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Research Questions

  1. How are summer leaders integrating their summer learning programs into their district's core priorities and operations?
  2. Why were they motivated to do this?
  3. What benefits and challenges were associated with the strategies they used?
  4. What can other districts learn from the experiences of the districts we studied?

During the school year leading up to summer 2015, summer leaders in Dallas, Pittsburgh, and Rochester made concerted efforts to integrate their summer learning programs into the core priorities and operations of the larger school district as a strategy to increase sustainability. This report examines these efforts and their impacts. The recommendations should be useful to leaders of district-led summer programs and others who support sustaining them.

Data for this report are drawn from interviews, meeting minutes, and summer program and district documents. Starting in November 2015 through January 2016, the authors interviewed 62 district staff members involved in summer programming in these three districts.

This report does not intend to represent all aspects of integration within each of these districts. The experiences of these districts will not necessarily correspond to experiences in other districts. The goal is to independently record and analyze their work as accurately as possible and to identify lessons that other summer leaders might find useful for improving the sustainability of their summer programs.

The findings should be of interest to others who lead or support summer learning programs. The findings in this report include why the summer leaders pursued integration and the strategies they used to do so.

Key Findings

Program Leaders Used Three Integration Strategies

  • Building understanding of the summer learning programs and connecting program goals to larger district goals.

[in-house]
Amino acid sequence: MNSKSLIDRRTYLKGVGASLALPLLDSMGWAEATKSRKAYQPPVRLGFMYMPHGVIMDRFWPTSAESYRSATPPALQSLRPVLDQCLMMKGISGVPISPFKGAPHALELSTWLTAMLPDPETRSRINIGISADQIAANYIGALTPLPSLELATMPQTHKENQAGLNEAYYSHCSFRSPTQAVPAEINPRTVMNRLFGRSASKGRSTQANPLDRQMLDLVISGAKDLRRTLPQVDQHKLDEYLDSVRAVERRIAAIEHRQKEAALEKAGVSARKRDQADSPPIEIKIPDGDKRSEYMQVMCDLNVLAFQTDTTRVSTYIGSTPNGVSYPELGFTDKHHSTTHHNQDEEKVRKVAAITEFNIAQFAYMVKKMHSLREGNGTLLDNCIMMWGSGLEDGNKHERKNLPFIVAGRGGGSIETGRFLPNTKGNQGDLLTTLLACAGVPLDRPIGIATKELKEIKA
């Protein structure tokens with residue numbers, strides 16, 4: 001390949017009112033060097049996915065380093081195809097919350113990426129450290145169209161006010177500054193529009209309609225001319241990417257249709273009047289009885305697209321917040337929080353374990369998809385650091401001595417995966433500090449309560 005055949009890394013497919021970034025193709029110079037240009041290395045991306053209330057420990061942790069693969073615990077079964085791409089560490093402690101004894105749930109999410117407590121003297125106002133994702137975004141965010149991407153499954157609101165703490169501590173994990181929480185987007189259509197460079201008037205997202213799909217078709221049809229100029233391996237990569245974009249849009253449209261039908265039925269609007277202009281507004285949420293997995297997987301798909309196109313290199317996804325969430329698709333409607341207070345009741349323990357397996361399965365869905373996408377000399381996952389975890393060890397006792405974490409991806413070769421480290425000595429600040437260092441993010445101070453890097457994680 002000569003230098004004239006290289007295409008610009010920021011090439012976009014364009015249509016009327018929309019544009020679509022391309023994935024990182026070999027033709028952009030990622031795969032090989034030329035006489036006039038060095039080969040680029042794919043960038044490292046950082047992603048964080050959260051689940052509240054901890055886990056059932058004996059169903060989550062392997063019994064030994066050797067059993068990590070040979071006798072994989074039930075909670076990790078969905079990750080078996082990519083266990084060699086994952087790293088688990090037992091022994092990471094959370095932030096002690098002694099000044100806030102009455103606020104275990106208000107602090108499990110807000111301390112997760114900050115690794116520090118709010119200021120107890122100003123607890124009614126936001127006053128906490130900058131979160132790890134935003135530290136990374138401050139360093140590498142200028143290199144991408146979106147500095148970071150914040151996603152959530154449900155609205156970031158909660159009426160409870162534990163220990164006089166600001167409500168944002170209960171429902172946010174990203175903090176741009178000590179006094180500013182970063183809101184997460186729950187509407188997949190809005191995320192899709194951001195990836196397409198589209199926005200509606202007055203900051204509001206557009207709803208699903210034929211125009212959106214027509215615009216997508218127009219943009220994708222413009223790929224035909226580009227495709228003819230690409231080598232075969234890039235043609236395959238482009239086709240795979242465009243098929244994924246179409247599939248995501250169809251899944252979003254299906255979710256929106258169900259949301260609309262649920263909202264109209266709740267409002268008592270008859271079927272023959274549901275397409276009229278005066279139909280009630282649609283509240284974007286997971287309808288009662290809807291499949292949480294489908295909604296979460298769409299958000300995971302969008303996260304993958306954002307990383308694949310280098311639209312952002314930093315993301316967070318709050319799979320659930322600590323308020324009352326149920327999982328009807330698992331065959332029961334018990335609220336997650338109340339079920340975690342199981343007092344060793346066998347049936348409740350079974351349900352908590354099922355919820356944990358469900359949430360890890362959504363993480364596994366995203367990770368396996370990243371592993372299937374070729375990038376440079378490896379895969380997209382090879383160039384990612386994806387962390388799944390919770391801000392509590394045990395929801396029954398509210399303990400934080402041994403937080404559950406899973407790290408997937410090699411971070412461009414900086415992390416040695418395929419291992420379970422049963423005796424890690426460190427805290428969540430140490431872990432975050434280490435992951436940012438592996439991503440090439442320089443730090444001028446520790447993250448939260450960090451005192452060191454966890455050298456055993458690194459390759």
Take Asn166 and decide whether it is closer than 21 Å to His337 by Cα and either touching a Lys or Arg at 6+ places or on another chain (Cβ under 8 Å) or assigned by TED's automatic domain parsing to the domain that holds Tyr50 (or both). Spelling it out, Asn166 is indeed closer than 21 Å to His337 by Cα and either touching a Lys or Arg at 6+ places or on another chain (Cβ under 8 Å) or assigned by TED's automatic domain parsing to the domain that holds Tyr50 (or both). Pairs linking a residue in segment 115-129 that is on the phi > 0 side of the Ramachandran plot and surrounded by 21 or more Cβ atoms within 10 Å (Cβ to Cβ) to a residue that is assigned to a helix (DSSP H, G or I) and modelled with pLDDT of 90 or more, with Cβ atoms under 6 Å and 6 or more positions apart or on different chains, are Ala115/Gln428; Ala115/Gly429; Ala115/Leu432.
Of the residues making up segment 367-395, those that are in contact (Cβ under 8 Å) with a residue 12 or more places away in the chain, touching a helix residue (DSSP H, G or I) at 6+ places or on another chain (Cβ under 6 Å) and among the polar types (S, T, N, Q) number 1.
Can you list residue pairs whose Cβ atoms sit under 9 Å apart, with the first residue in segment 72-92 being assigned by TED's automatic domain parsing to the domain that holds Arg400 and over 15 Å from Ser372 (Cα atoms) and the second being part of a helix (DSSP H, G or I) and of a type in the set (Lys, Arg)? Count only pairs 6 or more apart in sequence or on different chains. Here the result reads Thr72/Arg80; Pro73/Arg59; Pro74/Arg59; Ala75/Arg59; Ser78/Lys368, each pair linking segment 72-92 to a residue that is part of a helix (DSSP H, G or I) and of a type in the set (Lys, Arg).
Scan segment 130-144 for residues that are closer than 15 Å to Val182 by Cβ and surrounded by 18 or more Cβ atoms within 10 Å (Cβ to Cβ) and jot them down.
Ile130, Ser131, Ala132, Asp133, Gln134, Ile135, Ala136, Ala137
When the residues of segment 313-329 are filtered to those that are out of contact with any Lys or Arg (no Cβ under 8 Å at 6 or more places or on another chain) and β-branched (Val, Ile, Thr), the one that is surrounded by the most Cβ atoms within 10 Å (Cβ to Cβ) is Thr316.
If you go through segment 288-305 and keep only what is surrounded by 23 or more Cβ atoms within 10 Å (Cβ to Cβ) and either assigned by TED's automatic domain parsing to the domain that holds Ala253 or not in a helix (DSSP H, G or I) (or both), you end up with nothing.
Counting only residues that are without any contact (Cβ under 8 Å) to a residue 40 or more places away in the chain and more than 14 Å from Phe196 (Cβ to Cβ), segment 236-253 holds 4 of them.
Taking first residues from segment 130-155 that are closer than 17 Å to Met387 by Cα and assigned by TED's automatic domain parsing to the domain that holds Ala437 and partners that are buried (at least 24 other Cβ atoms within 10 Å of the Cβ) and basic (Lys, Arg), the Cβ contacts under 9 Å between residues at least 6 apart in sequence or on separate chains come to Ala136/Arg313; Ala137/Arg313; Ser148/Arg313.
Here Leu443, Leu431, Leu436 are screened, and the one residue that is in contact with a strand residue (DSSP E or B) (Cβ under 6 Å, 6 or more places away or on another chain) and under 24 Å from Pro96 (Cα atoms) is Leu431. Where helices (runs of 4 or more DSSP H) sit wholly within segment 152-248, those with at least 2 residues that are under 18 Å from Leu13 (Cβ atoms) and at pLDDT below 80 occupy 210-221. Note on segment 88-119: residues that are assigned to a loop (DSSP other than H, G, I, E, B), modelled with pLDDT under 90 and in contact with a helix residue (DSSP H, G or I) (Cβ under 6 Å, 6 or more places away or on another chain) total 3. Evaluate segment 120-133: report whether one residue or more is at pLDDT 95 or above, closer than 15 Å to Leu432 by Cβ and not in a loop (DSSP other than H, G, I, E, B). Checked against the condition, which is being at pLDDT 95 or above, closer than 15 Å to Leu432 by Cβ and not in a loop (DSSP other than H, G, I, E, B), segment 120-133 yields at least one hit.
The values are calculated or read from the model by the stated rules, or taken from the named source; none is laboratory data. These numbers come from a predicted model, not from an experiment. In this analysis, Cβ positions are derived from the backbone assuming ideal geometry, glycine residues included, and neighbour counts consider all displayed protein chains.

• Ensuring all relevant departments were represented in the planning process.
  • Involving expert staff in and capitalizing on district systems to support summer program planning and operations.

Program Leaders Encountered Challenges to Integration

  • Some stakeholders were waiting to make judgments on the importance of summer until they saw data-based evidence that the programs were improving students' outcomes.
  • It was also challenging for district staff to adjust to new expectations and relationships created by the more expansive planning processes.
  • Challenges included ensuring that district staff who did not work in the summer office but were asked to work on summer tasks had time to do so, understood the essential components of the summer programs and were incentivized to execute summer tasks well (and on time) without perpetuating the sense that these tasks were add-ons.

Program Leaders Cited Several Benefits from Their Integration Work

  • Integration strategies resulted in greater awareness of summer program portfolios and increased buy-in from teachers, principals, district department staff, superintendents, and the school board, many of whom in turn became vocal champions for summer programming.
  • Superintendents followed up statements of support with concrete action, setting goals to serve greater numbers of students and making funding commitments.
  • Districts' creation of cross-departmental planning teams resulted in improved efficiencies. These savings helped improve affordability, ultimately promoting sustainability.
  • Summer program quality was improved by capitalizing on district experts and systems.

Recommendations

  • Build understanding and connect summer program goals to district goals.
  • Establish cross-departmental planning.
  • Capitalize on existing experts and systems to complete summer tasks.

Table of Contents

  • Chapter One

    Introduction

  • Chapter Two

    Reasons to Integrate Summer Programs Into Core District Priorities and Operations

  • Chapter Three

    Building Awareness and Connecting Summer Programs to District Goals

  • Chapter Four

    Establishing Cross-Departmental Planning Structures

  • Chapter Five

    Capitalizing on Existing Experts and Systems

  • Chapter Six

    Conclusions and Recommendations

Research conducted by

The research described in this report was sponsored by the Wallace Foundation and conducted by RAND Education.

This report is part of the RAND Corporation research report series. RAND reports present research findings and objective analysis that address the challenges facing the public and private sectors. All RAND reports undergo rigorous peer review to ensure high standards for research quality and objectivity.

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